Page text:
I have a long, and somewhat checkered history with the Chevrolet Camaro.
Back in 1974 my older brother came home with a 1967 Camaro RS. It was midnight blue with a black interior, and had a 290 horsepower, 327 cubic inch V8 engine. We bolted a Hurst manual transmission to the block’s backside, replaced the standard carburetor with a Holley 4-barrel and added a couple of free-breathing side pipes to make it spit fire and wail like a demon when we hit the throttle hard. We drove that car for a couple of years on the backroads of our hometown in Northern Michigan, going through a set or two of Uniroyal Tiger Paws and enough oil to make us honorary members of OPEC. And, while that Camaro was not the best handling car ever made, it was a hell of a lot of fun.
Then in the mid to late 1980s I was a copywriter at Chevrolet’s advertising agency, penning ads for the underpowered, ill-handling coupe that, truth be told, was a Camaro in name only. During that era the most powerful Camaro Chevrolet produced was the 1989 Z28 which made only 240 horsepower. And they were not very well built, squeaking and rattling as they made their way down the road. If any of you bought a Camaro of that era as a result of my work, I’m sorry. I am not so sorry, however, that anyone is getting their money back.
So when Chevrolet sent me an email asking if I wanted to drive the new 2016 Camaro 1,500 miles from Minneapolis, Minnesota to Salt Lake City, Utah, I figured, it was a good opportunity to find out if this year’s model would be more like the classic ‘60s Camaro models that are highly collectible and sell for six figures at Barrett-Jackson or the lead sled of the ‘80s that you can pick up for just a few thousand bucks on Craig’s List.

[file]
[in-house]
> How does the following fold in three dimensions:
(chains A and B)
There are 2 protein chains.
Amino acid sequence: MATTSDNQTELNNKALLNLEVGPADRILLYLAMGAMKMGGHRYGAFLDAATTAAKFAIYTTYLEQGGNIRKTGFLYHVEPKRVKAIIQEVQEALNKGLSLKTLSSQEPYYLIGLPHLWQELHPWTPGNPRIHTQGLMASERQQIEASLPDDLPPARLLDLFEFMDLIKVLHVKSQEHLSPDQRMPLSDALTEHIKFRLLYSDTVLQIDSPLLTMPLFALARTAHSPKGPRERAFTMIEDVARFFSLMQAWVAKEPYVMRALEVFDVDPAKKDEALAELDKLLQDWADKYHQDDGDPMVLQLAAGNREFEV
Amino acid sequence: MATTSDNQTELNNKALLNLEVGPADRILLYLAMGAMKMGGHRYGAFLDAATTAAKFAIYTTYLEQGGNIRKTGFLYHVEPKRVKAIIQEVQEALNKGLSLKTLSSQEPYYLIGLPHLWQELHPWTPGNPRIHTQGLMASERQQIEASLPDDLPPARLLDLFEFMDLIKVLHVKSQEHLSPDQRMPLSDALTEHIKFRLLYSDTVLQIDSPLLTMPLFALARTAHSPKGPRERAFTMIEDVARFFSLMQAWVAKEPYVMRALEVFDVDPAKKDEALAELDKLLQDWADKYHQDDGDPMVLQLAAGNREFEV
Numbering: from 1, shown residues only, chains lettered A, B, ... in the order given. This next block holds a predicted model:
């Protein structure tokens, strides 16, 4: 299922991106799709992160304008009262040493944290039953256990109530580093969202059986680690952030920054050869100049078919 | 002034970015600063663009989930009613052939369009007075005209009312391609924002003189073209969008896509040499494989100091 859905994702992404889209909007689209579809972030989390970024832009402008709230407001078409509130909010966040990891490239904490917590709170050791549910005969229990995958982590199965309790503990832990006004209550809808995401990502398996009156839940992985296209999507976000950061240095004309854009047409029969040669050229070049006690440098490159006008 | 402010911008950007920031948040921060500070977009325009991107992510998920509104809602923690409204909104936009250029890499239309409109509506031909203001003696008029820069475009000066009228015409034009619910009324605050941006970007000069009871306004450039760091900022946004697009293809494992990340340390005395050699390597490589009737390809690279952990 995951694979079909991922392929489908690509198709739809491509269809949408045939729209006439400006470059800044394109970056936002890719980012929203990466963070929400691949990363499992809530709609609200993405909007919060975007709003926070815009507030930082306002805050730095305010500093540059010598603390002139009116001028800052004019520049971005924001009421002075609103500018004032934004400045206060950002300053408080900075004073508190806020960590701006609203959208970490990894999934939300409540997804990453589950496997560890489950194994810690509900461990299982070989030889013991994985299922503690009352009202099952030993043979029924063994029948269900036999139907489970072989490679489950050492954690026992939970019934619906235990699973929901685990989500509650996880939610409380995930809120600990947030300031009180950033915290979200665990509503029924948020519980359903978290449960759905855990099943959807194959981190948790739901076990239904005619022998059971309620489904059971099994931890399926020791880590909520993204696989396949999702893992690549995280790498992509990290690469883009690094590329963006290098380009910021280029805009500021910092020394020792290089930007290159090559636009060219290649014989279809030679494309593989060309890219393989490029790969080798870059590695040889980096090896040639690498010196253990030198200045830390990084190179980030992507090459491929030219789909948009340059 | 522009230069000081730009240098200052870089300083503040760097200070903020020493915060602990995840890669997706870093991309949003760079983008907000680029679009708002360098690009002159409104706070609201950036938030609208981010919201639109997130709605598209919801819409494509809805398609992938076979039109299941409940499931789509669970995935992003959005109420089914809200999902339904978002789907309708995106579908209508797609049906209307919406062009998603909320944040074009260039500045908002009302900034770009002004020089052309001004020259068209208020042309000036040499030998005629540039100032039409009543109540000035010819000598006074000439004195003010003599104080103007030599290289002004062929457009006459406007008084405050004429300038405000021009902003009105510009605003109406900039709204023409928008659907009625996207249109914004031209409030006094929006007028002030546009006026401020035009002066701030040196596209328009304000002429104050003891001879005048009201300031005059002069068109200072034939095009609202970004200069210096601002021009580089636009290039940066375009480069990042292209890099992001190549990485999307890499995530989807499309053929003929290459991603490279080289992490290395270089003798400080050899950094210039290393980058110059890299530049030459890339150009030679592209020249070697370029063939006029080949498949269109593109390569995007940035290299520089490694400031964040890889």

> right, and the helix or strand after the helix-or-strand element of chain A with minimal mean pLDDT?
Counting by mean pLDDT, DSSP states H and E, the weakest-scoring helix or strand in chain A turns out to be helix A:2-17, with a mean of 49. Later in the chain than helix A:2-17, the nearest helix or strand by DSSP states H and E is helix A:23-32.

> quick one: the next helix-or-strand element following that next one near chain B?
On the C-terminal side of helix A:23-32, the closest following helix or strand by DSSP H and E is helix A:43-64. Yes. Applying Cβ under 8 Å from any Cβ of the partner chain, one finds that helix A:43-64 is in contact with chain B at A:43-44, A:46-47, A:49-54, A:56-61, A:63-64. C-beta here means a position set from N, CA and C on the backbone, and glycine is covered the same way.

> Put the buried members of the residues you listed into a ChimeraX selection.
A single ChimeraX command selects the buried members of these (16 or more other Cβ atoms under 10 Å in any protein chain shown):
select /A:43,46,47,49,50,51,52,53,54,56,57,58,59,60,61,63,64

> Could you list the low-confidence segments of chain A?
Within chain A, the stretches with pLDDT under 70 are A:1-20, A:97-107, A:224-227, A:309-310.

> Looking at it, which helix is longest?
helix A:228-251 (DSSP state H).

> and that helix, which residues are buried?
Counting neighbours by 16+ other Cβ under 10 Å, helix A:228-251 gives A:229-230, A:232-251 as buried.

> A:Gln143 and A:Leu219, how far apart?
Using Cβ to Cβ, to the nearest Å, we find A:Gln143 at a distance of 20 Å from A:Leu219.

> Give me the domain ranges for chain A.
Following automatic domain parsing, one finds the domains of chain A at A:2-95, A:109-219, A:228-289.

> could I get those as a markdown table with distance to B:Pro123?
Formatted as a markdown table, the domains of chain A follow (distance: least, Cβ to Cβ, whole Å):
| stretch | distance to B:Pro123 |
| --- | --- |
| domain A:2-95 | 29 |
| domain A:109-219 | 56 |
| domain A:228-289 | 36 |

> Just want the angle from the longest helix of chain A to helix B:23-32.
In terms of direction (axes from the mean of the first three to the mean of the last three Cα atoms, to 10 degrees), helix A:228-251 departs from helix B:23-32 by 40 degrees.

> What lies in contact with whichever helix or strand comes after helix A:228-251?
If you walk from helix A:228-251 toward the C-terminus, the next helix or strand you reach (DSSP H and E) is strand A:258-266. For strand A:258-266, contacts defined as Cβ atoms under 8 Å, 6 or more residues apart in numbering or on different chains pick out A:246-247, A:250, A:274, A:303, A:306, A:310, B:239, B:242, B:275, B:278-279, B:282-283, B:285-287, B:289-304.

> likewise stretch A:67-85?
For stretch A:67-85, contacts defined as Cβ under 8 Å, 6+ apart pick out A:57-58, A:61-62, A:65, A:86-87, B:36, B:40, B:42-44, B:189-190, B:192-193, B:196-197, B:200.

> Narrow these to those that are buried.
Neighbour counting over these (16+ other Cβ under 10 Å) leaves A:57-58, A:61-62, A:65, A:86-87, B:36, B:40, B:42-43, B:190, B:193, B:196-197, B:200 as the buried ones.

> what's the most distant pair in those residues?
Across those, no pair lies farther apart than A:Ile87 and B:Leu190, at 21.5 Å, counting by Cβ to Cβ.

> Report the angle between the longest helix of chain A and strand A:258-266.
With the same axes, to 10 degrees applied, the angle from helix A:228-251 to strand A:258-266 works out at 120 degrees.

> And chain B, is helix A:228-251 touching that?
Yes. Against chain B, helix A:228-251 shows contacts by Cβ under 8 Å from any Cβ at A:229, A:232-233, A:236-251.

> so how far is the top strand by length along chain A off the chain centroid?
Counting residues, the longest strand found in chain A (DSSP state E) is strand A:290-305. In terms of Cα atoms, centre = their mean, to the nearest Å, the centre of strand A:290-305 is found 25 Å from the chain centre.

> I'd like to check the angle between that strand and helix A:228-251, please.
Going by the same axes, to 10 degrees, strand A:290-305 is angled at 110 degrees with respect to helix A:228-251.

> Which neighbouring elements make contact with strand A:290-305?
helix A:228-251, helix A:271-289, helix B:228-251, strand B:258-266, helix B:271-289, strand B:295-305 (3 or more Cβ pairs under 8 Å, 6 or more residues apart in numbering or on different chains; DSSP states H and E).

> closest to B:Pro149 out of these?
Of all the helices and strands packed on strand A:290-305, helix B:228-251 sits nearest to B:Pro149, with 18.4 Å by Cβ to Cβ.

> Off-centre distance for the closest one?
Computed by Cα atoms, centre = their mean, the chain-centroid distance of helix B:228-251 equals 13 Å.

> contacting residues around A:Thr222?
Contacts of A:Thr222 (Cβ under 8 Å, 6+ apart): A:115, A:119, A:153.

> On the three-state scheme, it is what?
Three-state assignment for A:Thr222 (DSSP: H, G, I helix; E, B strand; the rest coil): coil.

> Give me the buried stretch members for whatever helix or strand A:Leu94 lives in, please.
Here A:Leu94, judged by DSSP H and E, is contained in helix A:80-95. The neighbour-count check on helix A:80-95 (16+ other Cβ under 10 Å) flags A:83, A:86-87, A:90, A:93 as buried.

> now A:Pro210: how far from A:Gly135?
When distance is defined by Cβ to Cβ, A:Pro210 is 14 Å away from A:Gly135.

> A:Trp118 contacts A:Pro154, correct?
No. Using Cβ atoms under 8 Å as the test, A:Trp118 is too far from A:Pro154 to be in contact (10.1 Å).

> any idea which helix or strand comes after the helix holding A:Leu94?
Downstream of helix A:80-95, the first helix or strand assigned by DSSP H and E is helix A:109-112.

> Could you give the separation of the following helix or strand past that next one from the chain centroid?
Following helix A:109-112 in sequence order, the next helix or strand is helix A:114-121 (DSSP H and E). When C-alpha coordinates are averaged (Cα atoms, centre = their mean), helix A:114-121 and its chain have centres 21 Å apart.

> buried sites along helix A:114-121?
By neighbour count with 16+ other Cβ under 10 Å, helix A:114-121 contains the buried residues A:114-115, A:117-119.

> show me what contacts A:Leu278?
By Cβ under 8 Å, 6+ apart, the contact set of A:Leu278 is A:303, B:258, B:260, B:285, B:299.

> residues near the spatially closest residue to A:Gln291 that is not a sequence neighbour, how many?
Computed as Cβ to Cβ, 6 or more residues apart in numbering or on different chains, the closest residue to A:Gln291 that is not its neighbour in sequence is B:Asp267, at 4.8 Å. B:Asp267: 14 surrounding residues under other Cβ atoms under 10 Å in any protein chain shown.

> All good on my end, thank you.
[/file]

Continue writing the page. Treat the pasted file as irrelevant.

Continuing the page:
I joined several other journalists on a cold, gray morning in downtown Minneapolis where we grabbed a quick breakfast and were briefed on the car. The Camaro’s base engine is a turbo four that makes a healthy 275 hp, but for this event, all cars were either RS models equipped with either the 335 horsepower V6 or the beastly 455 horsepower V8 SS. Some of the cars were equipped with the 6-speed manual transmission others an 8-speed automatic with paddle shifters. But there was a catch. You couldn’t choose your car. We had to randomly draw keys from a bag to see which car we would pilot on our trip west.
As you can imagine most people, including myself, were hoping to end up with the keys to an SS. So there was a twinge of disappointment when I drew a V6 RS with a manual transmission. That twinge only lasted as long as it took me to load my gear in the car, adjust the seat and mirrors and hit the start button, whereupon the V6 roared to life with a satisfying snarl. Maybe this wouldn’t be so bad after all.
Rolling out of town through Minneapolis rush hour traffic that was even slower than normal thanks to the rain/snow mix that had fallen through the morning, gave me a chance to start our trip by experiencing the Camaro in the worst conditions possible, and put one of its most oft-mentioned criticisms to the test. Every review I read before getting behind the wheel of the car mentioned the Camaro’s poor visibility. If it was going to be a problem, it would be in bumper to bumper, urban gridlock with a light rain falling. Guess what? It wasn’t.